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Coding comparison using the Po-Shen Loh's new quadratic formula

Started by Biterider, September 03, 2022, 03:55:57 PM

Biterider

Hi
Here is a video by a well-known author in the asm community.
He makes a very interesting comparison, especially after minute 15:25 when he makes the asm comparison.

Biterider

hutch--

I watched the video, much depended on how the C compiler handled numbers. The ASM code was faster as expected but the author said it was not highly optimised. Interesting enough but I don't know what you use it for.

HSE

Quote from: hutch-- on September 03, 2022, 04:57:49 PM
Interesting enough but I don't know what you use it for.

Y = a + b*X + c*X^2

Y = polynomic (a,b,c,X)  ;  X is known and Y is unknown

X = quadratic (a,b,c,Y)  ;  X is unknown and Y is known

If i know steers body weight in kg is related to age in days by:

BW = -50.4 + 1.22*age - 0.000472*age^2

What age could have a steer that weighs 450 kg?

age = quadratic(-50.4, 1.22, - 0.000472, 450.0)

Equations in Assembly: SmplMath

FORTRANS

Hi,

It was entertaining in an overdone sort of way.  So
thanks for posting.  Useful?  Maybe as an introduction
to algorithm testing I suppose.

Cheers,

Steve N.

Biterider

Hello Steve
You are absolutely right.
You don't always have to agree on the content, but one or the other pearl can almost always be found.

Biterider

hutch--

Hector,

There is a notation that I don't understand.

"Y = a + b*X + c*X^2" What is the "^" operator doing ?

It is a quirk leftover from when I went to primary school (early 1950s) where my arithmetic notation was different to what is being used today.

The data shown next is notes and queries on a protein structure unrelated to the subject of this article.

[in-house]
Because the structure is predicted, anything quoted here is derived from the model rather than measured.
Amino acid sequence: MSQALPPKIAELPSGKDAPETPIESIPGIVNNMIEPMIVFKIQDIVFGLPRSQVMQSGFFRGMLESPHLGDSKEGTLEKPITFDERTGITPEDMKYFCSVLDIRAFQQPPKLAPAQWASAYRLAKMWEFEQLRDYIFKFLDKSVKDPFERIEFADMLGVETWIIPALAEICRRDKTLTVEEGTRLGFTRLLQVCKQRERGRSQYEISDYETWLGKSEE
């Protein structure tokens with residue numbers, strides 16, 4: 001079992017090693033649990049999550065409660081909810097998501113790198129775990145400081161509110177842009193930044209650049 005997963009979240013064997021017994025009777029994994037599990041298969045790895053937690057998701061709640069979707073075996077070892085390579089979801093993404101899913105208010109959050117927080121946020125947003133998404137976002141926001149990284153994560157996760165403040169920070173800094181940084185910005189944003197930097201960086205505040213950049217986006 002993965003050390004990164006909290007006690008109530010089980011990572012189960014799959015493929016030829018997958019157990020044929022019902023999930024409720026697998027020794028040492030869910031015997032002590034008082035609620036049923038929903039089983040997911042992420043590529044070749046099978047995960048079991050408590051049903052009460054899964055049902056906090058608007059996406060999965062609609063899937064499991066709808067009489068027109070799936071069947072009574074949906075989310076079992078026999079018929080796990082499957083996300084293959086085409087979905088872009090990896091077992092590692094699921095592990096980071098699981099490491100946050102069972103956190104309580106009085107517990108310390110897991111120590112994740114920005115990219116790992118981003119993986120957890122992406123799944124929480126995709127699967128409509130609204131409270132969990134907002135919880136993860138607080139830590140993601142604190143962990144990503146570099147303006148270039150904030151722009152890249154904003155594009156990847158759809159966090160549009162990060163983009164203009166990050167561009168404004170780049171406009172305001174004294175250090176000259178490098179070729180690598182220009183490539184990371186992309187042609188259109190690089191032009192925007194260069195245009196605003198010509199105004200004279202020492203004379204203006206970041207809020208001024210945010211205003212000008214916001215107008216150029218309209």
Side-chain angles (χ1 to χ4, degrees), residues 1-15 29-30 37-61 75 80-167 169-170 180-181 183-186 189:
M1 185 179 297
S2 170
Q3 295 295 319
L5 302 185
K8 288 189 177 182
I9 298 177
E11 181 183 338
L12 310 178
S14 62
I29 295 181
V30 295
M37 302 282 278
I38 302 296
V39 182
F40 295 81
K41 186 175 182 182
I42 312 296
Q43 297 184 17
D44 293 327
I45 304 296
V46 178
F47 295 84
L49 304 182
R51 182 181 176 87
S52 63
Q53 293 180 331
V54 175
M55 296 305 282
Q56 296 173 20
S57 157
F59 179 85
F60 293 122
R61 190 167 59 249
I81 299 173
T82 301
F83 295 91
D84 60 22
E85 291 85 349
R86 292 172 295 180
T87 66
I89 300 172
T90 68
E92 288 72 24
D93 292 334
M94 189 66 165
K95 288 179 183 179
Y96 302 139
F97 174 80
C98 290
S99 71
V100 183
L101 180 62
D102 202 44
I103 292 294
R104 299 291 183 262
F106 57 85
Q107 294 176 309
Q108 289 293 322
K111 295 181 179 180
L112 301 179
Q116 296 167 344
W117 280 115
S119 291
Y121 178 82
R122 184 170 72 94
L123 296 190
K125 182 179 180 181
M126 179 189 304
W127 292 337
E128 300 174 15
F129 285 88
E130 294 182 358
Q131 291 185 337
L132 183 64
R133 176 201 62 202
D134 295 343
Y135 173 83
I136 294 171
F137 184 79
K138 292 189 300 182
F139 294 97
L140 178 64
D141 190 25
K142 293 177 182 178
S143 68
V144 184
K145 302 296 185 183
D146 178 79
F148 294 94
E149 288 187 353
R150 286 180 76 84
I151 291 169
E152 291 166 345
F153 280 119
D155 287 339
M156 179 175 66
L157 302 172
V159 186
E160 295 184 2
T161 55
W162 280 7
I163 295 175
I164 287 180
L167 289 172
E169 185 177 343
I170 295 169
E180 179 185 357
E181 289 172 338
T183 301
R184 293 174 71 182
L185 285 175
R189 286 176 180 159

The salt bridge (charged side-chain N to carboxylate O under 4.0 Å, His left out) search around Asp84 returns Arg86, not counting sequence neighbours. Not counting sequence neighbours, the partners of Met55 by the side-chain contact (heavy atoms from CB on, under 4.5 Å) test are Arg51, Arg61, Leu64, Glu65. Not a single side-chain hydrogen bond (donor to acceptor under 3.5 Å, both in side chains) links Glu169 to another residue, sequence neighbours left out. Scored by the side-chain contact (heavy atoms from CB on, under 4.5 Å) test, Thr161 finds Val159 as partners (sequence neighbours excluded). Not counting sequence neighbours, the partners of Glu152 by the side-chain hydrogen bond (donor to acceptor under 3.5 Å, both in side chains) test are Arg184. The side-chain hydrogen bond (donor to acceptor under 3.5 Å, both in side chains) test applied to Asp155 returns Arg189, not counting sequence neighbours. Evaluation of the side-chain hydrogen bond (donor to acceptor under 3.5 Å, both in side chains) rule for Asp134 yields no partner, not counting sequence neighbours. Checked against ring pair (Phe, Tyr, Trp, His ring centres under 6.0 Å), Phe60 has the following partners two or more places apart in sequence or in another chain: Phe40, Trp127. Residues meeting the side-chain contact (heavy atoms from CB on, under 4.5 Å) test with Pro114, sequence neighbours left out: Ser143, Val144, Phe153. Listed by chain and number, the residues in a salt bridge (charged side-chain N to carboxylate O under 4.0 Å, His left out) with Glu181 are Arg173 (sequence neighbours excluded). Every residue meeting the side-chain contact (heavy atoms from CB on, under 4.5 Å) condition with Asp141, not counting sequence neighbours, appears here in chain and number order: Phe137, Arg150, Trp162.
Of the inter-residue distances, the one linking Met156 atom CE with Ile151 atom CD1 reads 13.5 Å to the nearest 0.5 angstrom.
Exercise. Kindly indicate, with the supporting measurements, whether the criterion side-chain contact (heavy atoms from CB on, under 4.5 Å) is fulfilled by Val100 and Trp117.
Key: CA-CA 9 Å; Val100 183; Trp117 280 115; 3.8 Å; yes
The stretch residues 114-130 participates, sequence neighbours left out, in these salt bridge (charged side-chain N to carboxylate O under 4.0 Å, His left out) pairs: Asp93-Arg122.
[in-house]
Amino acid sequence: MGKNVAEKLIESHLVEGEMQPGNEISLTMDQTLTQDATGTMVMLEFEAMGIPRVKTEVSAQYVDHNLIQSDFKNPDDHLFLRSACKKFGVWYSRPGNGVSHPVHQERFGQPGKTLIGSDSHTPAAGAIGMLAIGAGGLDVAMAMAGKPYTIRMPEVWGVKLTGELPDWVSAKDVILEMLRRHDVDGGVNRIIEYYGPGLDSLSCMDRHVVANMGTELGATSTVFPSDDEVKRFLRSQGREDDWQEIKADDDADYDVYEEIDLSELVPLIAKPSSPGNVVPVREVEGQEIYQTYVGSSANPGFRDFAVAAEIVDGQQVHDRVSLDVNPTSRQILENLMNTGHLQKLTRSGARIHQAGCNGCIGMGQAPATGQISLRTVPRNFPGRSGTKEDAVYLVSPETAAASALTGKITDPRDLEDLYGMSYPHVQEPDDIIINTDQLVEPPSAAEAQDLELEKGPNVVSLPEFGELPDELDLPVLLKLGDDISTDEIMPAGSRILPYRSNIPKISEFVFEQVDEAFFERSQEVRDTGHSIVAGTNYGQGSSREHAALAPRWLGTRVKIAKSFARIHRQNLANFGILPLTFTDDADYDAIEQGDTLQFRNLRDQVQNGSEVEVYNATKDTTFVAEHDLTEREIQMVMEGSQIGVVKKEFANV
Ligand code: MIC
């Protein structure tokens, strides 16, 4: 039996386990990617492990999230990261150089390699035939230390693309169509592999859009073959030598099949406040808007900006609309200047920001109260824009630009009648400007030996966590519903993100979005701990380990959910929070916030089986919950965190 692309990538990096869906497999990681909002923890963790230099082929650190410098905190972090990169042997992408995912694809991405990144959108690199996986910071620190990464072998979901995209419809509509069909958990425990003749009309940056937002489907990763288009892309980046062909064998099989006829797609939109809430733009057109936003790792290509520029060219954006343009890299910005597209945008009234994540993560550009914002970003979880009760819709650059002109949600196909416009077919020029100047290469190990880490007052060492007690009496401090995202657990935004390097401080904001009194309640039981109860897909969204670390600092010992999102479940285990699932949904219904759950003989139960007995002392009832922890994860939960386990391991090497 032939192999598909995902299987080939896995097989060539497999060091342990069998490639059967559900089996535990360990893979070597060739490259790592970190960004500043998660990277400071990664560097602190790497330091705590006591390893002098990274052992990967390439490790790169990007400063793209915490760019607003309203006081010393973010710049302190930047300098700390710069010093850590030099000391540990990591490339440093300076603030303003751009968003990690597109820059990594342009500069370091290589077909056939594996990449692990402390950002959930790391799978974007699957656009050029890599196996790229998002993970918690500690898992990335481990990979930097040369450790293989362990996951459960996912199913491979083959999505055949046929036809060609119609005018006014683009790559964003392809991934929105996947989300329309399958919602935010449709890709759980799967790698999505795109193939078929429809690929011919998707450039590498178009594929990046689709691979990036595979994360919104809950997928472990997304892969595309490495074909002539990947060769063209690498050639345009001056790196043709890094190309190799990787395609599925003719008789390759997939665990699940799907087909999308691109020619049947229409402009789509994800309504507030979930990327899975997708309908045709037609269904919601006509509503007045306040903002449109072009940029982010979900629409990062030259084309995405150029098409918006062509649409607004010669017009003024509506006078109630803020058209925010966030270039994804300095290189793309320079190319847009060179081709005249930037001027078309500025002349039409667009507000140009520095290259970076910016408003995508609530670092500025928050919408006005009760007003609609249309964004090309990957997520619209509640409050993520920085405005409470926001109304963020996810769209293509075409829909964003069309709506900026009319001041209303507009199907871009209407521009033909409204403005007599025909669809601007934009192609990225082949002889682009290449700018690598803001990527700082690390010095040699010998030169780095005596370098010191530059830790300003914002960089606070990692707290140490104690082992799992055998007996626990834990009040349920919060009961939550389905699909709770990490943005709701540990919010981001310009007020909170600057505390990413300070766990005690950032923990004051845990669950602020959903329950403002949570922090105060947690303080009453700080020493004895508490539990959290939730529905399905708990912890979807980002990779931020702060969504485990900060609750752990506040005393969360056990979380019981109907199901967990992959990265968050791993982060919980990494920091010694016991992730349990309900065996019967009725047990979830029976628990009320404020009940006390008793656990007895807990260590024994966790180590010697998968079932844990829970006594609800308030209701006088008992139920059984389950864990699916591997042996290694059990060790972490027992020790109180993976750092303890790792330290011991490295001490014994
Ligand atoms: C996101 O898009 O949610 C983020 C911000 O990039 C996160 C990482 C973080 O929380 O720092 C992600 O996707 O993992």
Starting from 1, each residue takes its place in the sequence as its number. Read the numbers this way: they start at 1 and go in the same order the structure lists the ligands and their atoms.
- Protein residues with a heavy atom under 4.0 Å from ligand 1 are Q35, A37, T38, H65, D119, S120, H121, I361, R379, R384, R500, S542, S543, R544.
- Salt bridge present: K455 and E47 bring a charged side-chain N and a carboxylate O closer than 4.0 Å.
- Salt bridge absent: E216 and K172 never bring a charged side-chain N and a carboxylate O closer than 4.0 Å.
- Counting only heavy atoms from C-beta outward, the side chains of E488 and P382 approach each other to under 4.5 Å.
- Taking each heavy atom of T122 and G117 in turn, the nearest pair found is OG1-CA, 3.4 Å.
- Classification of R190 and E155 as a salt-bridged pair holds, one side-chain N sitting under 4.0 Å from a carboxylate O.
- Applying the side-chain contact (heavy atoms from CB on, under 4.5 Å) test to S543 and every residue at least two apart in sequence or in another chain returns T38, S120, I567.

zedd151

c*X ^ 2
To the power of 2
More simple squared.

E=mc^2 is equal to E=mc2
Used when you can't write superscript

NoCforMe

I'm surprised Steve didn't get that; I've always seen ^ used for exponentiation. Is there a Euro symbol for this that's different?
Assembly language programming should be fun. That's why I do it.

hutch--

Thanks Z, a "power of ...." makes sense. Its an era thing, having learnt arithmetic in the early 1950s, much modern notation does not fit where what I learnt long ago translates to assembler notation logic far easier. When I did logic at uni, I picked up the discipline of fully bracketing formula and stacked order of precedence does not fit that discipline.

HSE

Hi Hutch!

Quote from: hutch-- on September 05, 2022, 05:29:49 AM
"Y = a + b*X + c*X^2" What is the "^" operator doing ?

It's more usual notation for power. If I remember well is used in BASIC from the begining. At least GW-Basic used this notation.

Some old language use "**" for power. Both are programming notations.

In school, or writing, everybody use a superscript:  Y = a + b*X + c*X2

Quote from: hutch-- on September 05, 2022, 05:47:41 AM
stacked order of precedence does not fit that discipline.

No shunting-yard
Equations in Assembly: SmplMath

daydreamer

Please avoid write and compile expression x^2 in C because "^" is used for xor, if you want x*x
my none asm creations
https://masm32.com/board/index.php?topic=6937.msg74303#msg74303
I am an Invoker
"An Invoker is a mage who specializes in the manipulation of raw and elemental energies."
Like SIMD coding

hutch--

Hi hector,

This is how my 1950s arithmetic sees the formula.

original => Y = a + b*X + c*X2

my brain => Y = a + (b*X) + (c * (X * X))

Thanks for the explanation.